Can I Use This? Developing Open Literacies or Understanding the Basics and Implications of Copyright, Fair Use, and Open Licensing for e-Learning

Chapter
Part of the Educational Communications and Technology: Issues and Innovations book series (ECTII)

Abstract

Open educational resources (OER) have garnered increased attention in recent years as a means for driving down educational costs, addressing differentiation and adaptability needs, improving accuracy and quality of materials, and supporting collaboration in the design of digital coursework. Perhaps one of the greatest identified barriers in the adoption of OER has been a lack of literacy regarding copyright, fair use, and open licensing. These concepts are commonly misunderstood in educational institutions. Many instructors and educational leaders struggle with understanding what is copyrighted, when it is copyrighted, what it means if it is copyrighted, and what open means. This leads educational leaders and their programs to either improperly use these materials (i.e., illegally or unethically) or to be fearful when using them in legitimate, allowable ways. Through this chapter, we seek to provide educational leaders with an understanding of what is necessary to make full and safe use of both copyrighted and open educational resources.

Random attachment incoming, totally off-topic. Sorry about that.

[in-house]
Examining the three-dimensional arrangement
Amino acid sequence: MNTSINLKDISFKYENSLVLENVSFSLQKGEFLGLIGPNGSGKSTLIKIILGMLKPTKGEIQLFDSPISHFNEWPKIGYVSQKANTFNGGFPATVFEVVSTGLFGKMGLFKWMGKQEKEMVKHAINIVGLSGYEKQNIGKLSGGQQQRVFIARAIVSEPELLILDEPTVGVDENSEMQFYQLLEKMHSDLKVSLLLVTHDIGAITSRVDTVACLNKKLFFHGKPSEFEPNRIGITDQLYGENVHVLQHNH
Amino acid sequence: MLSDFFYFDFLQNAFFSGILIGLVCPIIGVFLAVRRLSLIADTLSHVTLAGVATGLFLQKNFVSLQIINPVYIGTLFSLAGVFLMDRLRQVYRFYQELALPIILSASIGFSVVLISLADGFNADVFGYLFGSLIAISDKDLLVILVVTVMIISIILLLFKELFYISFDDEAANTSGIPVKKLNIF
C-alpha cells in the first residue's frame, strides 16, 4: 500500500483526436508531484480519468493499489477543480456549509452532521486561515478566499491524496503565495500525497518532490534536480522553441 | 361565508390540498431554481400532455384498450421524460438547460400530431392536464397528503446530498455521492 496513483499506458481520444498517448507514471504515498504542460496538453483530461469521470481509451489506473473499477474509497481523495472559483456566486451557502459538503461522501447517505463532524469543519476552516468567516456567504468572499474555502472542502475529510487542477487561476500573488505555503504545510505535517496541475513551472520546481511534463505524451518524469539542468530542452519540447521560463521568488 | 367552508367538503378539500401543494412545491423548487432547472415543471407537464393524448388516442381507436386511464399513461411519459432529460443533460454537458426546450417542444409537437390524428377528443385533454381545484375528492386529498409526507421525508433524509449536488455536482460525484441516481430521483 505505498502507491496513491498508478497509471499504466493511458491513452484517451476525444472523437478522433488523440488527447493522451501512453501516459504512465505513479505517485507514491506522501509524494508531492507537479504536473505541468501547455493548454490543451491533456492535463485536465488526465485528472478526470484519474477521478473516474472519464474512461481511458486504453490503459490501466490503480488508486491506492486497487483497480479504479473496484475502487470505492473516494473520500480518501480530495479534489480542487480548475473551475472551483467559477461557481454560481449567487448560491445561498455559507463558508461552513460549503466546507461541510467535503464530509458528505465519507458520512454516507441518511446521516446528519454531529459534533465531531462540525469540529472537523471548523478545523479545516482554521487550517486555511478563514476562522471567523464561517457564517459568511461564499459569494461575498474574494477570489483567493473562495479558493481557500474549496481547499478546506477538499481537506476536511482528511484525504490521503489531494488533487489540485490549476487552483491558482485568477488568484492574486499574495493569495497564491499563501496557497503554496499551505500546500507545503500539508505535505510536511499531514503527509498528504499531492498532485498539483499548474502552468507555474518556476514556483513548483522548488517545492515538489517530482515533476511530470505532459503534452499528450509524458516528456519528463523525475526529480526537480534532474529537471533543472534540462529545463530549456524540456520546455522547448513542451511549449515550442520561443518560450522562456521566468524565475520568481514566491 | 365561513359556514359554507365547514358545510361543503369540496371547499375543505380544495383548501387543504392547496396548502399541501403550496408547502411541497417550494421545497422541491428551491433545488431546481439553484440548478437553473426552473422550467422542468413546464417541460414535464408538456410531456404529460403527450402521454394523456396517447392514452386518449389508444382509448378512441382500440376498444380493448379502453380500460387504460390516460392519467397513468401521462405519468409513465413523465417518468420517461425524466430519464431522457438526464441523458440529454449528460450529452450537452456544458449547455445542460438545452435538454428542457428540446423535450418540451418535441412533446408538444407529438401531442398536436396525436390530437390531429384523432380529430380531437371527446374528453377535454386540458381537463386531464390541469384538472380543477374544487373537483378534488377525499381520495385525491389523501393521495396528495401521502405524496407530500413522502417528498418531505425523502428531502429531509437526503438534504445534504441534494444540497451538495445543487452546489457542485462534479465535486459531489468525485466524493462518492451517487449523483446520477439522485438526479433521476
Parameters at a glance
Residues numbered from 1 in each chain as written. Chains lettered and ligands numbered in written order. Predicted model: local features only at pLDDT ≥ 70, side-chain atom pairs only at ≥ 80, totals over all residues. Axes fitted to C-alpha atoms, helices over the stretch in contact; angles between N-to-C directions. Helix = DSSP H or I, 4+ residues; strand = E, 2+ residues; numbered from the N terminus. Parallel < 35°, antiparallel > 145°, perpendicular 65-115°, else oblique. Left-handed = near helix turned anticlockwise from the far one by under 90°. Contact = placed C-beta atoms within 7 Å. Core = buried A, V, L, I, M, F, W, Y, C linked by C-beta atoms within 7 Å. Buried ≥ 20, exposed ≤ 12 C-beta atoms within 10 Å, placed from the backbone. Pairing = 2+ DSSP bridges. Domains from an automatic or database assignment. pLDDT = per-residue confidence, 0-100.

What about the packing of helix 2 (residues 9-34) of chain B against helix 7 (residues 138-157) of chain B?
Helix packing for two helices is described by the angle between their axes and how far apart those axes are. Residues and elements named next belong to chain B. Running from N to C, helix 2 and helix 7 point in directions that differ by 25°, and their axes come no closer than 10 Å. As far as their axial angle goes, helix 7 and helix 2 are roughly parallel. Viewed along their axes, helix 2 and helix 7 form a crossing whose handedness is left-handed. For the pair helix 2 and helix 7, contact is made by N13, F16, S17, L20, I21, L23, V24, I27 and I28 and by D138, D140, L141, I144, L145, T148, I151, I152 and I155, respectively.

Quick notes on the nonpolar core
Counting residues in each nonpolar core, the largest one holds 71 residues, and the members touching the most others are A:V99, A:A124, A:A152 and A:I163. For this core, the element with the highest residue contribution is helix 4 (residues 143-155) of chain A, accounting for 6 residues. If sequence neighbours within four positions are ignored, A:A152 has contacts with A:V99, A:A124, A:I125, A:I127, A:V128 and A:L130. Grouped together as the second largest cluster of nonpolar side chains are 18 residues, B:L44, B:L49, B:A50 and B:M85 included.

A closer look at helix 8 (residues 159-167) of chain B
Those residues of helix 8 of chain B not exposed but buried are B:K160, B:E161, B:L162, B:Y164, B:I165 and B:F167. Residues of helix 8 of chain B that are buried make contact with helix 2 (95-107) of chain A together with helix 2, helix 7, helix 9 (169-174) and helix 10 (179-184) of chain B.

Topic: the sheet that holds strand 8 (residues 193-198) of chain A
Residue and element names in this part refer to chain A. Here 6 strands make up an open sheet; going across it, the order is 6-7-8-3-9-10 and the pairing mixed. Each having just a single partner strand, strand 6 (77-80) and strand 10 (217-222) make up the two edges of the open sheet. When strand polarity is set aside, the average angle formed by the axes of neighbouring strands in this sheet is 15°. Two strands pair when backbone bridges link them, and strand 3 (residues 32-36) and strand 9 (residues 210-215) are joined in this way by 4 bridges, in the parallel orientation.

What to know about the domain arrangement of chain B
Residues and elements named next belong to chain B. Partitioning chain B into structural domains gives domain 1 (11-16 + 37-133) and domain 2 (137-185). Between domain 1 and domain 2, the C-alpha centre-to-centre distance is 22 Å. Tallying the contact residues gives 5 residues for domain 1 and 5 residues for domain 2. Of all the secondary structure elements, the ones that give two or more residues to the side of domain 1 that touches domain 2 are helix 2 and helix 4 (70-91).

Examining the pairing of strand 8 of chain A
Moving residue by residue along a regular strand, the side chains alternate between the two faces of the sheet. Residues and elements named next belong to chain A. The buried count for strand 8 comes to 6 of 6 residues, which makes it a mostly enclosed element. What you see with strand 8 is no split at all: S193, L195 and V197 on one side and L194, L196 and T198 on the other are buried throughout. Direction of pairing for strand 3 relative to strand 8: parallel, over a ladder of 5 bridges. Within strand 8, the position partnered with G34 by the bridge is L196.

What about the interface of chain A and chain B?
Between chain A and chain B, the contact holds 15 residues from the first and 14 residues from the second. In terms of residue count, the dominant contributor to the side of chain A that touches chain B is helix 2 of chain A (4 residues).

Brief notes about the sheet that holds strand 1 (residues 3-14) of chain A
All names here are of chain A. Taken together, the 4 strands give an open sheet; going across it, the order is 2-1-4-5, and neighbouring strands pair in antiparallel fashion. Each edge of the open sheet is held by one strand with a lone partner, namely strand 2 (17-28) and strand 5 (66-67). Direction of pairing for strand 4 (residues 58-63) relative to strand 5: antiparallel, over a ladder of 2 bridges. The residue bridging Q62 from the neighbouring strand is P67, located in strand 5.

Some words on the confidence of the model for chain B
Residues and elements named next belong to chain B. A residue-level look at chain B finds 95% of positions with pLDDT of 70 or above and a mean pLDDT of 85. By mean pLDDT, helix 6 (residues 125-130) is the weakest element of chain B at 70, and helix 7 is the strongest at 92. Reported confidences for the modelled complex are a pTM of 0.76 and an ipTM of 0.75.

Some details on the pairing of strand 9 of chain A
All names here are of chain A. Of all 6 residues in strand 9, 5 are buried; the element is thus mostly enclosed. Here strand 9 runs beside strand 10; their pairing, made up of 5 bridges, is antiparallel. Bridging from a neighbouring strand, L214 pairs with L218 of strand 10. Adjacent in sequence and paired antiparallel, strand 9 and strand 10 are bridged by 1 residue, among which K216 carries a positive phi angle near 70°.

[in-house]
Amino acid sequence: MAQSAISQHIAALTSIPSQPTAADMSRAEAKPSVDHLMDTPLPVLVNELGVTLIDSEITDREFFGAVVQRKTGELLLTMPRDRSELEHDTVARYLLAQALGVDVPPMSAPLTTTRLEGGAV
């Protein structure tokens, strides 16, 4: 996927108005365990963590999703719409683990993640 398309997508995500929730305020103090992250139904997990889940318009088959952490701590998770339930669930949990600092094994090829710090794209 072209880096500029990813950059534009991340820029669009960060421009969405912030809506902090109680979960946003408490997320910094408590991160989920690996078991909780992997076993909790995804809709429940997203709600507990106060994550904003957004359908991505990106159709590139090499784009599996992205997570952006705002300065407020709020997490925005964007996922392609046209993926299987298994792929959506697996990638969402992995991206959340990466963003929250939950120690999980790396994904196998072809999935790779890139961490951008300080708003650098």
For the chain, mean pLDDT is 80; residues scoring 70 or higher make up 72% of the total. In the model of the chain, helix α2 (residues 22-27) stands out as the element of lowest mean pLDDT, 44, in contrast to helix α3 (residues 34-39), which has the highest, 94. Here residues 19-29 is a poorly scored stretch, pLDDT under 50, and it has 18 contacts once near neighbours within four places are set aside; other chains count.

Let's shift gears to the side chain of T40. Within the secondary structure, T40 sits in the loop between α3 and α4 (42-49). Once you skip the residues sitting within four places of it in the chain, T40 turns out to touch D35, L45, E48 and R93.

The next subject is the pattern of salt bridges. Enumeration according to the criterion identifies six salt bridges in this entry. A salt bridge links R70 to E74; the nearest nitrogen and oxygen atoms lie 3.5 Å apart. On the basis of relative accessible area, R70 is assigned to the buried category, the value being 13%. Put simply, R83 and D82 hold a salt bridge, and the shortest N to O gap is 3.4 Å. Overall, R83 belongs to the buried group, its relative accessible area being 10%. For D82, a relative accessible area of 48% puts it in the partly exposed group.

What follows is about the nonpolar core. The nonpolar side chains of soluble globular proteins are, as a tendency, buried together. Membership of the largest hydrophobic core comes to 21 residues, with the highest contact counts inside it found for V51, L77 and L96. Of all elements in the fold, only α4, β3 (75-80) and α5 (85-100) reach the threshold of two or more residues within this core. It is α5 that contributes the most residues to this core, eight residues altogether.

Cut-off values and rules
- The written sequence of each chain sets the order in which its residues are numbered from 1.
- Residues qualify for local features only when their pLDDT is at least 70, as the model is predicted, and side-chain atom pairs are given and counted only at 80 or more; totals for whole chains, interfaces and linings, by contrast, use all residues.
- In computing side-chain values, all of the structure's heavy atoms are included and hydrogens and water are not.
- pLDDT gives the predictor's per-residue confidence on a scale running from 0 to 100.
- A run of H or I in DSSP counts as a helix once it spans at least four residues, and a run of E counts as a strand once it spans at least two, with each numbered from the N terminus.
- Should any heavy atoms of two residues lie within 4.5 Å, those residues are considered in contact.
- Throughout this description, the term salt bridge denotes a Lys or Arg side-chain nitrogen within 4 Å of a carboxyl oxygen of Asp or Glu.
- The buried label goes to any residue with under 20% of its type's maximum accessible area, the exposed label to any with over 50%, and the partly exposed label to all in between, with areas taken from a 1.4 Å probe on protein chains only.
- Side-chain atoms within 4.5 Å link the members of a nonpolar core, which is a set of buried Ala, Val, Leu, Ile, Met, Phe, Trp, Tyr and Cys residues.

Keywords

Copyright Fair use Creative commons Public domain Open educational resources OER Open literacies 

References

  1. Penguin Group (USA) Inc. v. American Buddha, 4:13-cv-02075-JGZ (D. Ariz). (2015).Google Scholar
  2. TCA Television Corp. et al v. McCollum et al., 1:2015cv04325 1 (S.D. N.Y.) (2015).Google Scholar
  3. U.S. Copyright Office. (n.d.). Retrieved April 15, 2016, from http://www.copyright.gov/.

Copyright information

© Association for Educational Communications and Technology 2018

Authors and Affiliations

  1. 1.Brigham Young UniversityProvoUSA

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